In the first place, I would like, before I go through the Bill section by section, to give some general outline of its aim, its scope and its machinery. It is a Bill designed to deal with indecent literature; that is to say, with indecent books, indecent periodicals, both magazines and newspapers, and also with indecent pictures. There is a special section in Part 4 which deals with propaganda in favour of birth control which is now such a growing force. Part 1 of the Bill is confined to definition. Part 2 explains the machinery which is set up and the nature of the books and periodicals which come under this Bill, and it also prohibits the sale of censored books in this country and prohibits their importation into this country.
The scheme is that there should be in the first place authorised associations, and these recognised associations, if they consider that a book should be censored, will send that to a board, consisting of five members, for consideration. They will do so through the Department of Justice. If the board considers that the book should be censored, should not be sold or imported into this country, then they report to the Minister for Justice, and he may make an order prohibiting its sale and prohibiting its importation. Part III. of the Bill deals with reports of certain judicial proceedings. Part IV. deals with this literature which advocates birth control and strengthens up the provisions of the Indecent Publications Act of 1857, which it repeals, and to some extent strengthens up and increases the penalties under the Indecent Advertisements Act of 1889.
Now, I will take the Bill, of which I have just roughly outlined the scope, section by section. I will deal first with the preliminary section, which is the section which gives definitions. I do not think I need deal with any definition which is contained in that section except the definition of the word "indecent," which is as follows: —"The word ‘indecent' shall be construed as including calculated to excite sexual passion or to suggest or incite to sexual immorality, or in any other way to corrupt or deprave." That definition has been the subject of very much criticism and very many attacks; indeed, one gentleman of very high literary ability, whose only fault as a literary man is, I think, that he does not write enough, and who has a great store of general information, has attacked this definition as being entirely heretical, a breach of the Manichean heresy and the Albigensian heresy, and, like some new Simon de Montfort, has put on his arms to destroy it, on the grounds that the words "calculated to excite sexual passion" are entirely heretical.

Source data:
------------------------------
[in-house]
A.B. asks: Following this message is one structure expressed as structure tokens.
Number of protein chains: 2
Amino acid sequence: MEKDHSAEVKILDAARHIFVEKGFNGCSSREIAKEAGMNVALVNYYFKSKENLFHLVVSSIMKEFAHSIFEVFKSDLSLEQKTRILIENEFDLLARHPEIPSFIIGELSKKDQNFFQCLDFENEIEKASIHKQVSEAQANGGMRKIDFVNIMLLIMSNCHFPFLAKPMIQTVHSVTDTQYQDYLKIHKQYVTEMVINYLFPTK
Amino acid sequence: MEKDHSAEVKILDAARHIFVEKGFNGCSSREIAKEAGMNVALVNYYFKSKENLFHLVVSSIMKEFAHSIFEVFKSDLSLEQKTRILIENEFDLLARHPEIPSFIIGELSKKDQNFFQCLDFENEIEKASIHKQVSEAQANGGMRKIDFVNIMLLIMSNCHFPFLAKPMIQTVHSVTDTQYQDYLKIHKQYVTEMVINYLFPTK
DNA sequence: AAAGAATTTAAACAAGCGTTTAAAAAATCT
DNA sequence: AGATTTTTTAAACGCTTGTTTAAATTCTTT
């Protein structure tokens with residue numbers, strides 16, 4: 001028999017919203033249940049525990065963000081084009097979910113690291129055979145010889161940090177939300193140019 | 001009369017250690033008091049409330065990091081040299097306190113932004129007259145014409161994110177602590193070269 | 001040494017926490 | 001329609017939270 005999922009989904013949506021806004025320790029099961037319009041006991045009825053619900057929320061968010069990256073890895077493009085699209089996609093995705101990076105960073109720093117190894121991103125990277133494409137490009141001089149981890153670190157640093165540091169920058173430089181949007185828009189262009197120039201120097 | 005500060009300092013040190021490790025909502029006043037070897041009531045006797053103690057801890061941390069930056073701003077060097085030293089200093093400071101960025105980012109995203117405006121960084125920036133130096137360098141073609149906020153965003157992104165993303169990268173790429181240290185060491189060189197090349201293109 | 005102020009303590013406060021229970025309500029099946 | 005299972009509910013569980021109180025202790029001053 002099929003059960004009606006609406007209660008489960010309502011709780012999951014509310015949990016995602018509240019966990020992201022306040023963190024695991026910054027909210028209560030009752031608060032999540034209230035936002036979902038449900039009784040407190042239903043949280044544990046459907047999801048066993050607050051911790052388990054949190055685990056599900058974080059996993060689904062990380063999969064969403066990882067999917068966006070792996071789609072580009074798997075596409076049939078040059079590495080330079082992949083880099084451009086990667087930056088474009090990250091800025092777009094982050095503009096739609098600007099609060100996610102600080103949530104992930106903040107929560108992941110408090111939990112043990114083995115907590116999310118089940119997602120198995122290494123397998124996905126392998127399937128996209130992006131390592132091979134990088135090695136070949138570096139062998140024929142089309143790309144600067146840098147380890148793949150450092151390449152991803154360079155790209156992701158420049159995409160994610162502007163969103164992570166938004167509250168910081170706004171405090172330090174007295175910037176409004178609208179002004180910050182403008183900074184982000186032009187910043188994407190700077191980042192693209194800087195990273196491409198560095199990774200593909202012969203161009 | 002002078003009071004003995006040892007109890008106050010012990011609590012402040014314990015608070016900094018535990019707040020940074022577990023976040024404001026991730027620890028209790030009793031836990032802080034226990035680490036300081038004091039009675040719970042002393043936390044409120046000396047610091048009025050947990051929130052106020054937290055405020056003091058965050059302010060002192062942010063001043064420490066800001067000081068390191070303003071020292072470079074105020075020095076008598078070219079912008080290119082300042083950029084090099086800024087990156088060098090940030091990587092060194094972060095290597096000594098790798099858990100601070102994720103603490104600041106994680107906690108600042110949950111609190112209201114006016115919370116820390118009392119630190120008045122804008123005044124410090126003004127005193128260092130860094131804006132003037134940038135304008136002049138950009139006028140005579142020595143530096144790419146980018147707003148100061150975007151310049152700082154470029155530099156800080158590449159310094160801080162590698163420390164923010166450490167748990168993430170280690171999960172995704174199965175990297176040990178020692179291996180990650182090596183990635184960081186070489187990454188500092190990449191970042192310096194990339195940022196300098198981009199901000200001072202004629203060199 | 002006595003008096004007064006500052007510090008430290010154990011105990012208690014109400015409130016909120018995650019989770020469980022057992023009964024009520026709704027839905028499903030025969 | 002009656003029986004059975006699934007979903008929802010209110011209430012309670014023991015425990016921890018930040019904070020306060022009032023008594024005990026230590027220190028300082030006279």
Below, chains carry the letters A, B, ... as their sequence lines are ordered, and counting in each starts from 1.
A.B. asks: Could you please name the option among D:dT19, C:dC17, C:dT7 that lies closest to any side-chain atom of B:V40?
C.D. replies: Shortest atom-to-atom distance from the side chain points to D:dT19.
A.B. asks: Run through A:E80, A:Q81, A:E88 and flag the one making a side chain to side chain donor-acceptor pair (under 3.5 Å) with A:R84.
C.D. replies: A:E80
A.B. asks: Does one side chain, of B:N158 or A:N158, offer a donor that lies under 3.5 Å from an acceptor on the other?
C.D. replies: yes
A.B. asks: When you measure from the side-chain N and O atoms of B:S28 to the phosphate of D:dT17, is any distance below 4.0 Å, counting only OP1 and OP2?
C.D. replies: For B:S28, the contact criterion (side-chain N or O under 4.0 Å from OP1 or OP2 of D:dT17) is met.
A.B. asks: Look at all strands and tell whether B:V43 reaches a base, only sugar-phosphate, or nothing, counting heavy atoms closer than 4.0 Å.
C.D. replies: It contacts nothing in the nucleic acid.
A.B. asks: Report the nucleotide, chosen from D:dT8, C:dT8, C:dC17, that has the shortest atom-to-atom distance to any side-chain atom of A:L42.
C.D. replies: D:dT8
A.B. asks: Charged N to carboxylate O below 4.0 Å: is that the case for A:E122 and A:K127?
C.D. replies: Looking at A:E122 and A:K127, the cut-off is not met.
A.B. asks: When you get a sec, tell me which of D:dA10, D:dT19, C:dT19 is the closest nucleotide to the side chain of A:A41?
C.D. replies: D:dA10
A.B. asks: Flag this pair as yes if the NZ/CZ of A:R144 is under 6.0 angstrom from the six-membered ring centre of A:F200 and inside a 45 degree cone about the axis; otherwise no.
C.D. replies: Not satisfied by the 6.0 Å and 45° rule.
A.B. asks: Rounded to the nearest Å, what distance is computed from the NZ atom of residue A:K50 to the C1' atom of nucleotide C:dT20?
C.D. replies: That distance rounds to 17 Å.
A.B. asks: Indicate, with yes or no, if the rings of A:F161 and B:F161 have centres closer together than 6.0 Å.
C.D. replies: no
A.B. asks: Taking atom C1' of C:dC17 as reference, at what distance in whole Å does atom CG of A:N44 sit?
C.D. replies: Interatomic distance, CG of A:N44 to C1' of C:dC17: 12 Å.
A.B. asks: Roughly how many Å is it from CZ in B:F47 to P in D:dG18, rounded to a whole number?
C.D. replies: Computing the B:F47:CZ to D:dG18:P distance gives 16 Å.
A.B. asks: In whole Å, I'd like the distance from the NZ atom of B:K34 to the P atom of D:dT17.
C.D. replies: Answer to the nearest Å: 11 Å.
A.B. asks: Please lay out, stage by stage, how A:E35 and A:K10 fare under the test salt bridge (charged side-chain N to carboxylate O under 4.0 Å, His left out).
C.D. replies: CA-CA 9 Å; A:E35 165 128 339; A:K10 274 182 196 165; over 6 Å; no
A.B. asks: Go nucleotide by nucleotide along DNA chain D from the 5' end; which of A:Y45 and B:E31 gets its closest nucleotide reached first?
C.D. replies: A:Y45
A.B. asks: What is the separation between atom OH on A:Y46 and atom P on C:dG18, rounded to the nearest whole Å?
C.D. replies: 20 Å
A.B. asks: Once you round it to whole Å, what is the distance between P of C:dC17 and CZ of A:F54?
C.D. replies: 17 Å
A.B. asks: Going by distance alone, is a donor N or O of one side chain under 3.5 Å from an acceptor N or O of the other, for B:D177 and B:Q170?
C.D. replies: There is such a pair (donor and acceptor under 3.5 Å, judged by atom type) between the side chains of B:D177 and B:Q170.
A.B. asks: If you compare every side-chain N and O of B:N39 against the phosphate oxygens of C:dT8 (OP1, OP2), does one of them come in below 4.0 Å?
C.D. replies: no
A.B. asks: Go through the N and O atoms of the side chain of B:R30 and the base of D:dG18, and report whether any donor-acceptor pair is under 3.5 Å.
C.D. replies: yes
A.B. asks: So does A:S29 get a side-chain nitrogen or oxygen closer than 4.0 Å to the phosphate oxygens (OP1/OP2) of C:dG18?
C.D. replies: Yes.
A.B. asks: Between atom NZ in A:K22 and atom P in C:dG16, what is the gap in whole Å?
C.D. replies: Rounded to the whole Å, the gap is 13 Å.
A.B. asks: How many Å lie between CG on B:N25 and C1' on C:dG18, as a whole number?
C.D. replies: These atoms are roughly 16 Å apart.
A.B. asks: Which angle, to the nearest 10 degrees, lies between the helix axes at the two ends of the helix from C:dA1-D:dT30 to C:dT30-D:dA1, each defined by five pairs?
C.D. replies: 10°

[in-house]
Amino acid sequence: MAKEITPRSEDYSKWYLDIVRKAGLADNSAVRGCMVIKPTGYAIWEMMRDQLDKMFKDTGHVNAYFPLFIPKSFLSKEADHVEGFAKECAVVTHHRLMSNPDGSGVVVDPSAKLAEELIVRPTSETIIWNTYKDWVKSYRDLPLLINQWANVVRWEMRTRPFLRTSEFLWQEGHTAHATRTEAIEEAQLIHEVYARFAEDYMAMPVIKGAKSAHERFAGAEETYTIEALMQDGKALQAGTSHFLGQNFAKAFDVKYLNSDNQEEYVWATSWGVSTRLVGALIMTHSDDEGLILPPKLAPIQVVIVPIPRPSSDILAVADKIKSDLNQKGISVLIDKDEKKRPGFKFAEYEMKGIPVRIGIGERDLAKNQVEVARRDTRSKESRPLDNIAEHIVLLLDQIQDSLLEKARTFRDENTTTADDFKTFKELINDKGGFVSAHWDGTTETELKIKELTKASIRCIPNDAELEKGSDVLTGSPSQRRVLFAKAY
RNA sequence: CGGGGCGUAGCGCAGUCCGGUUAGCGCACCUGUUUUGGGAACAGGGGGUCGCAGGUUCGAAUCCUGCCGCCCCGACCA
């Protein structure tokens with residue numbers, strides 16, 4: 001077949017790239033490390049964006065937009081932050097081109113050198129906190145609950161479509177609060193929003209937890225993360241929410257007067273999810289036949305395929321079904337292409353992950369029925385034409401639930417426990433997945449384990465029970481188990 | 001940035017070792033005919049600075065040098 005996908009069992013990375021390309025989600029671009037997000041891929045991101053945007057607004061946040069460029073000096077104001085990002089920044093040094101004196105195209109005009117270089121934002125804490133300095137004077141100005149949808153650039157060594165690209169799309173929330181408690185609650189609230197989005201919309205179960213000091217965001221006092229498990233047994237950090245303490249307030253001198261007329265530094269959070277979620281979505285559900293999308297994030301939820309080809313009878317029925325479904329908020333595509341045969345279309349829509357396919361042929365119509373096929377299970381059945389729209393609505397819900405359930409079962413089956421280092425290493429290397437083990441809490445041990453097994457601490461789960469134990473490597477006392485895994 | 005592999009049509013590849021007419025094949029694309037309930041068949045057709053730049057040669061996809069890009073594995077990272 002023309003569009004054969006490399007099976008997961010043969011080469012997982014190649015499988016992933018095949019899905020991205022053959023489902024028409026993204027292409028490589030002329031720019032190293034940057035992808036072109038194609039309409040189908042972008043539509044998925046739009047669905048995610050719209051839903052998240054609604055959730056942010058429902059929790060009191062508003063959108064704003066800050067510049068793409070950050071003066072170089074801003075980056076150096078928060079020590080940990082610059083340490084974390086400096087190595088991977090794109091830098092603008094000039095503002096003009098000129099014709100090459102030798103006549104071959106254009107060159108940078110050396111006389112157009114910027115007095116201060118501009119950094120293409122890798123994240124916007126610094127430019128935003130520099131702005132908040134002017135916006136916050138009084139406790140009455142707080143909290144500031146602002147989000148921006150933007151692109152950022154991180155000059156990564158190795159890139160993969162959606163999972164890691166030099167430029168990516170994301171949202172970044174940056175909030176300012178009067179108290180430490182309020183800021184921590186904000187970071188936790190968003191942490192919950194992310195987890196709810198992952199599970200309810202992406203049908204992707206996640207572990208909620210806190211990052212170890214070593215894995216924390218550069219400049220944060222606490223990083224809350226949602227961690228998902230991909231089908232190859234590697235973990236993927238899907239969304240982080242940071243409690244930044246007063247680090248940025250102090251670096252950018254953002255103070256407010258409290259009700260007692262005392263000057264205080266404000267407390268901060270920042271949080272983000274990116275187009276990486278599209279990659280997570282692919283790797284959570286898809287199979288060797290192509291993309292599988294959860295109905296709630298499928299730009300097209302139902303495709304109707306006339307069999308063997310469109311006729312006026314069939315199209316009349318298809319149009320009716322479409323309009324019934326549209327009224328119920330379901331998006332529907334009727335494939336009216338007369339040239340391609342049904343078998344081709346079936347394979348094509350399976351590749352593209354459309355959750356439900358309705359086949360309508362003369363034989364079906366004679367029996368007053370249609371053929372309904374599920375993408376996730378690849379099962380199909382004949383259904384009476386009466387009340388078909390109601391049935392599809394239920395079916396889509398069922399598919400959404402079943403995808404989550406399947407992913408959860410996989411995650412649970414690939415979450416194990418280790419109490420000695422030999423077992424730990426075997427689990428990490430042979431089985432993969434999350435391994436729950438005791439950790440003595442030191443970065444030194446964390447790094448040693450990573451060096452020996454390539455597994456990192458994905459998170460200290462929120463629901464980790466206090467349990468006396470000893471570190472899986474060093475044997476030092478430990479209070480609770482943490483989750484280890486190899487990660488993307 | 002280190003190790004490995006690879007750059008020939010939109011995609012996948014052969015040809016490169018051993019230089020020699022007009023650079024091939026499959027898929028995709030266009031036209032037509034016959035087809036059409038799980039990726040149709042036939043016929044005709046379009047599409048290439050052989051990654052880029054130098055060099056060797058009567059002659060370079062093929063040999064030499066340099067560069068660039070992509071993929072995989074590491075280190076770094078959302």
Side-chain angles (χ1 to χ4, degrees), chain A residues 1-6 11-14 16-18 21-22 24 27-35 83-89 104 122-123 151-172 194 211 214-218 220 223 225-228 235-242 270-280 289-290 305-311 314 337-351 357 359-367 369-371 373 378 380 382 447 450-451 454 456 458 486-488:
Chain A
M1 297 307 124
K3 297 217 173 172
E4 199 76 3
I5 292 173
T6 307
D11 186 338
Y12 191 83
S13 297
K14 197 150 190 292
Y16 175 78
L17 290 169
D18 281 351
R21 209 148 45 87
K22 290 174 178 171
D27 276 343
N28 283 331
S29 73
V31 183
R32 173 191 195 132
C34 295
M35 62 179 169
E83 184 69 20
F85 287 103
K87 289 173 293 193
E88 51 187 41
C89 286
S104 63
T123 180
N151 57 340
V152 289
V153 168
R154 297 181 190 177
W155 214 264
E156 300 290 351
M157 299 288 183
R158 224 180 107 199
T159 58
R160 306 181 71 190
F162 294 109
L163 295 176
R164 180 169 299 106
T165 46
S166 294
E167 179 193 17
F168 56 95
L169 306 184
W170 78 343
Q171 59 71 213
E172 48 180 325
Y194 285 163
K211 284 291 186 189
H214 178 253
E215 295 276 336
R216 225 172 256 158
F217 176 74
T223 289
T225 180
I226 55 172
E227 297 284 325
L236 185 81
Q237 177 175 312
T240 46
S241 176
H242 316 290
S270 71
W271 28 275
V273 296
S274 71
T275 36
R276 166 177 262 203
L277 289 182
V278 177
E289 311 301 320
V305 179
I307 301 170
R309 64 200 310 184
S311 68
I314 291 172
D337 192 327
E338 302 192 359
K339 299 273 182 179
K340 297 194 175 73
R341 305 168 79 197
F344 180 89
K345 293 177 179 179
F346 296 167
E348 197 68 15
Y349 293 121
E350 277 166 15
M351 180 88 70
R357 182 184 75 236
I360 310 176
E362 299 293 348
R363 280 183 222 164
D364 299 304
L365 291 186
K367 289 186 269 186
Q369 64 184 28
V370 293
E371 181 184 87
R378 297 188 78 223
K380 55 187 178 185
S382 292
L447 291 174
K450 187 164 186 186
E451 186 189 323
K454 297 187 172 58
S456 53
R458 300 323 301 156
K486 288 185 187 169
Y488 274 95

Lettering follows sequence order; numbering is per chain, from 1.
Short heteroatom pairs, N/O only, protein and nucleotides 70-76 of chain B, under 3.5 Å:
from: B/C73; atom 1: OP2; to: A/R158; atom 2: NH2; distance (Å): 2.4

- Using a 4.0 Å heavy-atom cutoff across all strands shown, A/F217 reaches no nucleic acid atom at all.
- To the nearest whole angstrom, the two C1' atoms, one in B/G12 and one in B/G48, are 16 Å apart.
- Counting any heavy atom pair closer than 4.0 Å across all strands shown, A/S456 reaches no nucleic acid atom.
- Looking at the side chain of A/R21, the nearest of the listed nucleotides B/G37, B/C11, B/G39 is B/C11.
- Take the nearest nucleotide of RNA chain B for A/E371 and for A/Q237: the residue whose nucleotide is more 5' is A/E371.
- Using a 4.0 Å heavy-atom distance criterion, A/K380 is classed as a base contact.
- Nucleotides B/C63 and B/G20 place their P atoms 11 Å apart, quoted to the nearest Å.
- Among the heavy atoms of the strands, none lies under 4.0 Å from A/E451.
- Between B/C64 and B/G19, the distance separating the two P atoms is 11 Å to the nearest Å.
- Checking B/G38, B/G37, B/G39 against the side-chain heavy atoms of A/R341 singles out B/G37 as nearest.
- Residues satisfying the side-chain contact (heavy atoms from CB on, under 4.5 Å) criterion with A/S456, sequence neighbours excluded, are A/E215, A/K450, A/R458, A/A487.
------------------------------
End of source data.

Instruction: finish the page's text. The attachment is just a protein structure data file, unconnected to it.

I would venture to point out that I, personally, can hardly follow the criticism which has been passed upon the use of these three words in this definition, because I cannot understand the class of book which would excite some person just to proper love and might not excite others towards unlawful lust. But it may be possible that those words, "to excite sexual passion," are really included in the later words, "to suggest or incite to sexual immorality." It is quite possible that they are, and it may be that that definition is to be censured for being rather overloaded with words. I may admit —I think I will admit—that it can be condemned upon grounds of tautology, but I cannot admit for one moment that it can be condemned upon the grounds of Albigensian heresy, even though a skilled writer in a leading Irish weekly has denounced it.
Coming now to the censorship of publications, which is dealt with by Part II., Section 3 deals with the establishment of a board of censors, and I think that on the construction of Section 3 two questions may be said to arise. One is the number of members who shall constitute the board—the numerical strength of the board: the other question is the term for which members of the board should hold office. The Bill proposes that members of the board shall be appointed by the Minister for Justice, that they shall be five in number and shall hold office for a period of three years. I submit that five is the proper number, the best number which can be got. On the one hand, I think it would be a mistake to have a board which would be altogether too small; on the other hand, that it would be entirely wrong to have a board exercising judicial functions, as this board must exercise judicial functions, which would be entirely too large and too unwieldy. I think it will be comparatively easy to get five judicially-minded persons to carry out fairly the provisions of this Bill, much easier than it would be to get twelve or fifteen persons of the same character to do so. I think that in discussing that question it will be necessary for us to consider what are the functions of that board, and what is the spirit in which the board of censors should—in fact must—approach the censoring of books. In the first place, the board, of course, must recognise that they are dealing with the property of certain individuals; they must recognise that they are dealing with the property of a writer and the property of a publisher. On the other hand, they must consider that they have a duty to the public to see that demoralising and degrading literature shall not be in circulation in this country.